I had been reading a lot of heavy things when I picked up Madeleine George’s queer YA novel The Difference Between You and Me and it pretty much fulfilled every expectation I had; in fact, it was actually deceptively complex, despite the fact that it’s a quick read. The Difference Between You and Me is a classic opposites attract story in some ways, but it’s refreshingly not a coming-out story, nor is it a they-live-happily-ever-after.
What it is is a story about three very different teenage girls, told alternately from each of their perspectives. Jesse is an anti-assimilationist lesbian who spends her time plastering her high school with manifestos defending the rights of weirdos everywhere. Emily is a popular, uptight student council vice-president who doesn’t like “labels” (i.e., is bisexual and doesn’t want to admit it). Esther, whose voice doesn’t enter the narrative until a bit later, is a serious activist with a tough façade but a hurt, squishy interior. Jesse and Emily are having a secret affair (surprise!) but Emily doesn’t want anyone to know about it and still has a boyfriend. Esther is Jesse’s new friend and partner in activism (spoiler alert: you think she and Jesse are going to get together in the end but they don’t). The conflict in the story is when a company that’s not called Walmart but is obviously a stand-in for Walmart wants to build outside the town and Emily is revealed to have struck a deal with the company to raise money for the school.
I actually think of the three girls George does Emily’s voice the best. For example this is her while supervising the “refreshments table” at a school dance:
But to be honest, at that point I was getting pretty annoyed with some of the people working under me on the refreshments committee (like Lauren Weiss and Kim Watson and Kimmie Hersh, to name three) because they kept putting out more and more Costco-brand cheese curls, which were the only refreshments we were serving that night, even though I told them repeatedly that they had to ration the snacks so they would last for the entire event, and all of a sudden I was just like, you know what, screw this, let them put out however many cheese curls they want, whenever they want to. And I told Michael I had to use the restroom and I went to find Jesse.
This is her talking about her boyfriend (this is a great testament to poor teenage boy kissers everywhere):
“When me and Michael kiss, it’s like I’m making out with a cut cantaloupe. He is the wettest, squishiest kisser on the planet. He’s so cute from a distance, you know, he’s such a good-looking guy, like a male model practically, but then when he goes to kiss me it’s like all the muscles in his face go slack and his lips get all spongy and loose and he opens his loose face and sort of lays his spongy lips all over me and drools his melon-juice spit into my mouth. It’s horrible. I don’t mean to criticize him, I’m sure lots of other girls would think he was a totally amazing kisser, it’s just … sometimes I have to pretend he’s getting too powerful and intense and I push him off me, but really I’m pushing him off me because he’s getting too disgusting.”
Jesse is pretty straight-forward from the beginning, and is a fairly typical stock alternative angsty character—not that she’s not fun for that reason. But she’s more of a caricature and was therefore less compelling and real to me than Emily, who I found fascinating. Although she looks on the surface to be quite different from Jesse, and might be constructed as the villain of the novel (there are certainly plenty of reviews that see her that way, which is disappointing and biphopic, to be honest), she’s actually a lot more complicated.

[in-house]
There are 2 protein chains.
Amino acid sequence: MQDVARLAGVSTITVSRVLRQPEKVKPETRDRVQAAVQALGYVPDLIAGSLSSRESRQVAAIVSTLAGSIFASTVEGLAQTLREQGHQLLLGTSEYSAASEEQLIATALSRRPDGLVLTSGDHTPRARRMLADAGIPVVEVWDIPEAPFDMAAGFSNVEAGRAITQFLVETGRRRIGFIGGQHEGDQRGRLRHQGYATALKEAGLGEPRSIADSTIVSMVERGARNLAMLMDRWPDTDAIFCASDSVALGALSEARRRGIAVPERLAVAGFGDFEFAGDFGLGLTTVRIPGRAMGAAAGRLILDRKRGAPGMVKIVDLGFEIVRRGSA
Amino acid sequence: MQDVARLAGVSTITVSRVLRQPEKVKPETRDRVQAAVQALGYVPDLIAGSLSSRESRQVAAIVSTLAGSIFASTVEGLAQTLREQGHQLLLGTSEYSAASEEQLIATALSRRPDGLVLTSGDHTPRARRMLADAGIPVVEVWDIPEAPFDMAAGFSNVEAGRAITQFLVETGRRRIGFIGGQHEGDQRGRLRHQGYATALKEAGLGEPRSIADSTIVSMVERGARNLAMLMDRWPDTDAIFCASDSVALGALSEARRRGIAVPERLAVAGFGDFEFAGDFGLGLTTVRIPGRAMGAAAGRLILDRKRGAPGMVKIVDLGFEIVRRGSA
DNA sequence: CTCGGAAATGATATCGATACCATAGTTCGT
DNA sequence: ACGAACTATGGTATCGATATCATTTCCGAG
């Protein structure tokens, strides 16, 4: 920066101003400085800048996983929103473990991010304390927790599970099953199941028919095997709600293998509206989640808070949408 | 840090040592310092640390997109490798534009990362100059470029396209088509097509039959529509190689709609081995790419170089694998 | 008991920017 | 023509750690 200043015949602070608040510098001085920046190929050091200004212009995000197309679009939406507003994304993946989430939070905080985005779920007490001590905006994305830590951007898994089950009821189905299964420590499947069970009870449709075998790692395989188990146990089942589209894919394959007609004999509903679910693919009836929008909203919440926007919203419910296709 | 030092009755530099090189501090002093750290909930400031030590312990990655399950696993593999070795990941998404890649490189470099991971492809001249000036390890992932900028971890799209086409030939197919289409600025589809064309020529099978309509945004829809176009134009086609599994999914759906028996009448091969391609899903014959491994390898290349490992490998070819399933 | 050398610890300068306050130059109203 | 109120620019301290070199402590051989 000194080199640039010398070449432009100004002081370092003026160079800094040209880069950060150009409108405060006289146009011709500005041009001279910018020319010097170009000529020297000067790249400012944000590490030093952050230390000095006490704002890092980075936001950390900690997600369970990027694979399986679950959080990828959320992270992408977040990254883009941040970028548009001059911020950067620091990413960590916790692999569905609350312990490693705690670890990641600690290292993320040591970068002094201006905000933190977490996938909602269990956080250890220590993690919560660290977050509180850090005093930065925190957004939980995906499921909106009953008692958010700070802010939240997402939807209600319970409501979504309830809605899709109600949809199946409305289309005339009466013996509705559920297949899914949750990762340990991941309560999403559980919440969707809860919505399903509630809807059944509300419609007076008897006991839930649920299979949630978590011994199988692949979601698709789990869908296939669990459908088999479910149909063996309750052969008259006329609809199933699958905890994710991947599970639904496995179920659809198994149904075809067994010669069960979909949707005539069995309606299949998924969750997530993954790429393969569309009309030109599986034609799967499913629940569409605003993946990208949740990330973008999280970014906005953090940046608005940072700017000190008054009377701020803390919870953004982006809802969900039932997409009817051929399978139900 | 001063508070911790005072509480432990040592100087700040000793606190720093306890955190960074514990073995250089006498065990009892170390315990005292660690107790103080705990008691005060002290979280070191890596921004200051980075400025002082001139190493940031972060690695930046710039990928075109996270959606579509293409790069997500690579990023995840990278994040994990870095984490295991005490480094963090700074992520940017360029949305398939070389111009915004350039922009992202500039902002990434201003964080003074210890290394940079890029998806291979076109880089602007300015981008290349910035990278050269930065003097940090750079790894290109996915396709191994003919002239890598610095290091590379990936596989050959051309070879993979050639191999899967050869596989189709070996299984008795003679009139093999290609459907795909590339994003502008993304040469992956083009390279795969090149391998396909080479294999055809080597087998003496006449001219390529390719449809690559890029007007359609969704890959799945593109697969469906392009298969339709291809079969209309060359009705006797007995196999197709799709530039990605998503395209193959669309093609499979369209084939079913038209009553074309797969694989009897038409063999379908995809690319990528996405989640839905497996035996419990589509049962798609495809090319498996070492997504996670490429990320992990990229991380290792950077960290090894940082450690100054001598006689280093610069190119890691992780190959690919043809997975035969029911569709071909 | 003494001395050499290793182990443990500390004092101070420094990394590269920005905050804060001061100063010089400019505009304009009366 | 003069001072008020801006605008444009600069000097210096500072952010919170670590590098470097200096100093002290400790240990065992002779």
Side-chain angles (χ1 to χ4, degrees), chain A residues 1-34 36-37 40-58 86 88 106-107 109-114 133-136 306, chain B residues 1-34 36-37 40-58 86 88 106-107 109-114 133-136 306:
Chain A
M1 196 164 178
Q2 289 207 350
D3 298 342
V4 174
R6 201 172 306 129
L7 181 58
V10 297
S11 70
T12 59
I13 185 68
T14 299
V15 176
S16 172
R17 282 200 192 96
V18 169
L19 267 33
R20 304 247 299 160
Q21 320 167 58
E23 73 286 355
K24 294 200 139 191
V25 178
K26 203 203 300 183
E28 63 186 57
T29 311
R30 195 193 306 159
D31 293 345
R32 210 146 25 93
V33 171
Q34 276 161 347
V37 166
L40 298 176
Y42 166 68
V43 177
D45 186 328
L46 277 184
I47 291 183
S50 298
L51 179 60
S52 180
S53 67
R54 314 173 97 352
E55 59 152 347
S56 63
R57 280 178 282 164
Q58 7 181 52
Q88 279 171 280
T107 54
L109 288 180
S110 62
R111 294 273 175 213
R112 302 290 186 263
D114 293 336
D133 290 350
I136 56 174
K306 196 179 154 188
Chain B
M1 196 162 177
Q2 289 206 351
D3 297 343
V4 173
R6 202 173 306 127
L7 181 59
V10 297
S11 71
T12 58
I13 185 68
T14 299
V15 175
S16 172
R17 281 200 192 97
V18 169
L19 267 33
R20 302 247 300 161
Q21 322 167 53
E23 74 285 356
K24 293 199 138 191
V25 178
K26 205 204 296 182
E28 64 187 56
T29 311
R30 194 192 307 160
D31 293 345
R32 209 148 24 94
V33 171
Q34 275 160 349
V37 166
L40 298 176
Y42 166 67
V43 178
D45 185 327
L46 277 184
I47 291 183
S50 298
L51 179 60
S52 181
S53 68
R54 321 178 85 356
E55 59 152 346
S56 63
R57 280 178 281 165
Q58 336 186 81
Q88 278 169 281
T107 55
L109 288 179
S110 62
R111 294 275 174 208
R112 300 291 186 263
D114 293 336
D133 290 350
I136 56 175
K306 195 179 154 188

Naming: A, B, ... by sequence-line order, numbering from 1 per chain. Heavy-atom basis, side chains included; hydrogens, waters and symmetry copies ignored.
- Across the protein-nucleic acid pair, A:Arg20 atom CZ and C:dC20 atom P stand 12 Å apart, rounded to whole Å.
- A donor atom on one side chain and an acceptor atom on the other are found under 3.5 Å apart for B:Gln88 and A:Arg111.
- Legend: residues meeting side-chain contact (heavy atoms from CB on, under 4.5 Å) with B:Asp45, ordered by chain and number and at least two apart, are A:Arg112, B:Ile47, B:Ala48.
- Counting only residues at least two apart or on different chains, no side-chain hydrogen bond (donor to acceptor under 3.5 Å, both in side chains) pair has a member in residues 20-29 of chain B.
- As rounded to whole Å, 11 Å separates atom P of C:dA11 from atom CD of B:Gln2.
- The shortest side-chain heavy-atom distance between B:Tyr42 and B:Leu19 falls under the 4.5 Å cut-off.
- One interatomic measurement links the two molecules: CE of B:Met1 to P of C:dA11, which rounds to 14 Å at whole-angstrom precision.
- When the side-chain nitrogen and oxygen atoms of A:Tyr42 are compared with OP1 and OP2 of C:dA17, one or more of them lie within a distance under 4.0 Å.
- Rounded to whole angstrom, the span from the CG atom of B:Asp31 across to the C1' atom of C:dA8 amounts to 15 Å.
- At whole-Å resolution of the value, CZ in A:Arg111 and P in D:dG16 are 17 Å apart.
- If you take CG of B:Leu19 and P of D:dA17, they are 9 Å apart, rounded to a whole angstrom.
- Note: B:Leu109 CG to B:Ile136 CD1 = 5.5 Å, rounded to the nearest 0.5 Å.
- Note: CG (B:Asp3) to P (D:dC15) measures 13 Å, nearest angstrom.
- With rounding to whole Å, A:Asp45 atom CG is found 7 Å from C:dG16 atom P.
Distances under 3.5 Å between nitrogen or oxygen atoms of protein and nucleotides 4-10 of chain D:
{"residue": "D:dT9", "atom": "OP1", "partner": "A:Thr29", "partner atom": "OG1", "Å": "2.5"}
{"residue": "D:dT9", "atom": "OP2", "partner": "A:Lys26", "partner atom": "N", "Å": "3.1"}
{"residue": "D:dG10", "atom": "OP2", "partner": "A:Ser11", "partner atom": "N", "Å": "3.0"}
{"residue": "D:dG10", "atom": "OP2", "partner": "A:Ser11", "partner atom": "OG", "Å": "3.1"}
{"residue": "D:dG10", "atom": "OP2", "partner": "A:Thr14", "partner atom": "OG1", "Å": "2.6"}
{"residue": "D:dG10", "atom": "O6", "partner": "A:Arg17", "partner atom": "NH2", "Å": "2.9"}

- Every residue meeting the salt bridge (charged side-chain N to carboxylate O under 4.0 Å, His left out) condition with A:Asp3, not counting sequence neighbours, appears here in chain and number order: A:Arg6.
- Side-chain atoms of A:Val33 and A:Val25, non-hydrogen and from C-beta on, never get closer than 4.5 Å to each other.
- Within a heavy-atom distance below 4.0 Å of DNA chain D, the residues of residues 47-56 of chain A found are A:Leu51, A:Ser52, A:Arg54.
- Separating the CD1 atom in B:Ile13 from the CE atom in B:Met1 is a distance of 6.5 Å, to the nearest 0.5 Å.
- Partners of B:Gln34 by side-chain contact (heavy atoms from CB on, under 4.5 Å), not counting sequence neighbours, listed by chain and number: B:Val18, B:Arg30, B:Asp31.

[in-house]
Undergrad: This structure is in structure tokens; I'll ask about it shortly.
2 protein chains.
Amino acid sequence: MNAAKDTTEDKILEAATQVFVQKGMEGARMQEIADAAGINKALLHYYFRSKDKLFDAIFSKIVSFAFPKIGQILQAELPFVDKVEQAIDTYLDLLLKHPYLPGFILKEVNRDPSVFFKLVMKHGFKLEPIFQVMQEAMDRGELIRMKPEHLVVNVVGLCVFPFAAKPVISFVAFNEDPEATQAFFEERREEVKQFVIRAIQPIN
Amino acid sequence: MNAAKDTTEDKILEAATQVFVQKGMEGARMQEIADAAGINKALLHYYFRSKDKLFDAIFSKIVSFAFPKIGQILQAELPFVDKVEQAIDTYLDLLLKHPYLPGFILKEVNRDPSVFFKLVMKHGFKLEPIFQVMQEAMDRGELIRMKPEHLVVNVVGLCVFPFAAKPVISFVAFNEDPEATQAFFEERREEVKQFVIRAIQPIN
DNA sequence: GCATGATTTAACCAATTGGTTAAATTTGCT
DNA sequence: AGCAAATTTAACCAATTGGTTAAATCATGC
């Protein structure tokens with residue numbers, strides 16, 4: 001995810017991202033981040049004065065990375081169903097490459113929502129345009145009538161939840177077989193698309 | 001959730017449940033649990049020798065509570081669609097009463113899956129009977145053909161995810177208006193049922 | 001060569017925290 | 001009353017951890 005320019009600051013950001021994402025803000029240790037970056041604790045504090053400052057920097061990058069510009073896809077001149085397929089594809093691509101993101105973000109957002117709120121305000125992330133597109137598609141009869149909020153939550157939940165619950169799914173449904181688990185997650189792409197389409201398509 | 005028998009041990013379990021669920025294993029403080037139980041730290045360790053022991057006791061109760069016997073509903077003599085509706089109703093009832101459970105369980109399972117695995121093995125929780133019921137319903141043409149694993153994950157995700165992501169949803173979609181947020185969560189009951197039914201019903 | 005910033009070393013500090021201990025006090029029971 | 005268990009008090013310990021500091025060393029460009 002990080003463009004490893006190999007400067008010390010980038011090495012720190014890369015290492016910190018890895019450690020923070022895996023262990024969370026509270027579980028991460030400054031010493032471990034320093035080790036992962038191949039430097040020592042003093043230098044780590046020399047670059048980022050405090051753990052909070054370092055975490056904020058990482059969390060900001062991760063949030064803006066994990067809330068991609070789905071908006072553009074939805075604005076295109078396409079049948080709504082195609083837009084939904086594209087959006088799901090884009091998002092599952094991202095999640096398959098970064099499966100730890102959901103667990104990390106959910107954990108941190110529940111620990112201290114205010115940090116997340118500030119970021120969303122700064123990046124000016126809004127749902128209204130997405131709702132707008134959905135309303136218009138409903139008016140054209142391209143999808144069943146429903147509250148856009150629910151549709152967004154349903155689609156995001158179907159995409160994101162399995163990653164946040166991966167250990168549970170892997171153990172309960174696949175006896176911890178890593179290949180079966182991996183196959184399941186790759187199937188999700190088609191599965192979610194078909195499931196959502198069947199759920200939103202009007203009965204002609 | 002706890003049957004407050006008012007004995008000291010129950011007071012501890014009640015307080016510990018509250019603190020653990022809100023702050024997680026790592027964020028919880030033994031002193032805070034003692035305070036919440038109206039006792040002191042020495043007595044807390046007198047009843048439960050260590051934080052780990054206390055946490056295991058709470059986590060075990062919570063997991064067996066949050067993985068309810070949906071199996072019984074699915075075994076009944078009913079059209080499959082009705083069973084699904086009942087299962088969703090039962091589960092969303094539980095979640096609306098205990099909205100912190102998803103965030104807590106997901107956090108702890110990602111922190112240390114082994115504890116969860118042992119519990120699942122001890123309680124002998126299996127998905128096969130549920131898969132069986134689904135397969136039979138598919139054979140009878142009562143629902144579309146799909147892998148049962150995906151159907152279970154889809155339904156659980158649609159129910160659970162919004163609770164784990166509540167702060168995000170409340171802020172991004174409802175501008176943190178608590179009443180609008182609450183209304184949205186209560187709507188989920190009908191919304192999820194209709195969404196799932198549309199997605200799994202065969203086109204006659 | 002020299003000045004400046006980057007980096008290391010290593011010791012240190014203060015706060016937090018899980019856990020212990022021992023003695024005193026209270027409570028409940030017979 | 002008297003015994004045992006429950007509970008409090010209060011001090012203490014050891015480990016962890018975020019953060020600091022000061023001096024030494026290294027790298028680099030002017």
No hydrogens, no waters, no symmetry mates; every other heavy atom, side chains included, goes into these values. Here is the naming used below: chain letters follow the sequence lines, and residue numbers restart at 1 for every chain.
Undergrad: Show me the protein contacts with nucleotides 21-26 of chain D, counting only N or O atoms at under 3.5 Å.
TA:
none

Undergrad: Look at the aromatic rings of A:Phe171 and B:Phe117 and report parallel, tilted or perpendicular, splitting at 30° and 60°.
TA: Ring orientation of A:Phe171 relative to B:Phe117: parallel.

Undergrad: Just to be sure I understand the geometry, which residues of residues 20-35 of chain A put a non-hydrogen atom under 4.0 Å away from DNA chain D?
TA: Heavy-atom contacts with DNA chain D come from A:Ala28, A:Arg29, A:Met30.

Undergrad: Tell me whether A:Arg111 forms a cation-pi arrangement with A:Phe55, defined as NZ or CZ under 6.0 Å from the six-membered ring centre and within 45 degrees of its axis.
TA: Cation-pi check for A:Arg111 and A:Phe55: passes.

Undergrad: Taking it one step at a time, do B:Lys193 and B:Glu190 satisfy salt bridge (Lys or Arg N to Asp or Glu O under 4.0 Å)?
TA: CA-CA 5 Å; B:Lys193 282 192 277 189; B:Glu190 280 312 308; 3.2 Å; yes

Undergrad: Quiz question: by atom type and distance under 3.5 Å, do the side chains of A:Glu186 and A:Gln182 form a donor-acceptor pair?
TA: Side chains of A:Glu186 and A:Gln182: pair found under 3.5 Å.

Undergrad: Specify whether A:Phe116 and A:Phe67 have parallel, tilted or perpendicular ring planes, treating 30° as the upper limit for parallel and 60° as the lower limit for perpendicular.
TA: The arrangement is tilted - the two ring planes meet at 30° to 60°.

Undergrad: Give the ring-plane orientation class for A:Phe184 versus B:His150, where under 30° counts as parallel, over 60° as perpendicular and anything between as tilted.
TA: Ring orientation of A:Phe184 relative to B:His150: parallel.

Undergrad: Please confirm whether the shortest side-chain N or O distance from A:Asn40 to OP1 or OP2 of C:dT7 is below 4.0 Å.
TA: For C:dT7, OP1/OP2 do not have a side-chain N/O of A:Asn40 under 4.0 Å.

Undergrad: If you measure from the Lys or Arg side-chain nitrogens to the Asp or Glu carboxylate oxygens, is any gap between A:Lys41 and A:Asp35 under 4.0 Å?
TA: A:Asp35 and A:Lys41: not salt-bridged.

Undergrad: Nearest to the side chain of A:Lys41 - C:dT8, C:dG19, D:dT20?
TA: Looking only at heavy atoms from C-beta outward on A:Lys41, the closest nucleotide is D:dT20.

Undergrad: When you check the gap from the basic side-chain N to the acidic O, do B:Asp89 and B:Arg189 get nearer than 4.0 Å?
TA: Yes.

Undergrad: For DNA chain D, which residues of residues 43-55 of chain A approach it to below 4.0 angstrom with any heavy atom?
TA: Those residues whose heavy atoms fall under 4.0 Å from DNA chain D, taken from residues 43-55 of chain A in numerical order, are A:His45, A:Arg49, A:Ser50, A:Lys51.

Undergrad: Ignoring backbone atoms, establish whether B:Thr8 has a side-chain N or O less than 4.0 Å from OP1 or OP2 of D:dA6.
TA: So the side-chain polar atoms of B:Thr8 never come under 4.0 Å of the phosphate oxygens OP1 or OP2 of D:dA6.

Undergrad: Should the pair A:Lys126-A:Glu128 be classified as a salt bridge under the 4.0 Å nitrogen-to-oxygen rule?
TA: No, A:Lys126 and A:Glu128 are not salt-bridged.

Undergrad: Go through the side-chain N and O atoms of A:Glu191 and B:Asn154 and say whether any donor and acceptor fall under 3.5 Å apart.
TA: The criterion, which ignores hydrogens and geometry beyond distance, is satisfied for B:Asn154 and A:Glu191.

I think what George wanted to do—maybe she doesn’t fully succeed—is show that the girls might not be as dissimilar as you might think. Both are ambitious, motivated, and concerned about making the world better: they just go about it in very different ways. Maybe I sympathized with Emily more because Jesse’s let’s-overturn-the-system approach strikes me as naïve and unrealistic, and I found it weird that the book doesn’t want you to read it that way. Emily is naïve too, and ignorant, but this felt totally realistic to me, for a teenage girl from a privileged background afraid to come out. She kind of reminded me of Cher from the movie Clueless, actually: lovable despite being privileged and you know, kinda clueless, because she’s genuine and earnest and caring.
That said, I agree with a lot of the points that Sarah makes over at the bisexual books tumblr in her review: namely, it is really disappointing that the cheating, conformist character is bi. George should have done a better job resisting the urge to make Jesse a heroine and Emily a villain. I see how it’s easy to fall into that way of thinking, as a writer and a reader. But I think Sarah makes a mistake in her review by falling into the trap of thinking of the girls that way, because you don’t have to. I don’t think the novel condemns Emily for her choices; I think it’s actually sympathetic, if you read closely. It’s realistic that the novel ends and Emily still hasn’t figured things out and is still in the closet. It’s legitimate that a teenage girl wouldn’t feel comfortable coming out and in some ways it’s unfair to expect her to. I think her refusing to label herself is classic internalized biphobia and the novel wants you to read it that way. As a bi woman who hasn’t been open about it for that long, I actually really identified with her. So is it an ideal representation of a bisexual teenage girl? No. Is it authentic and interesting and complex? Yes.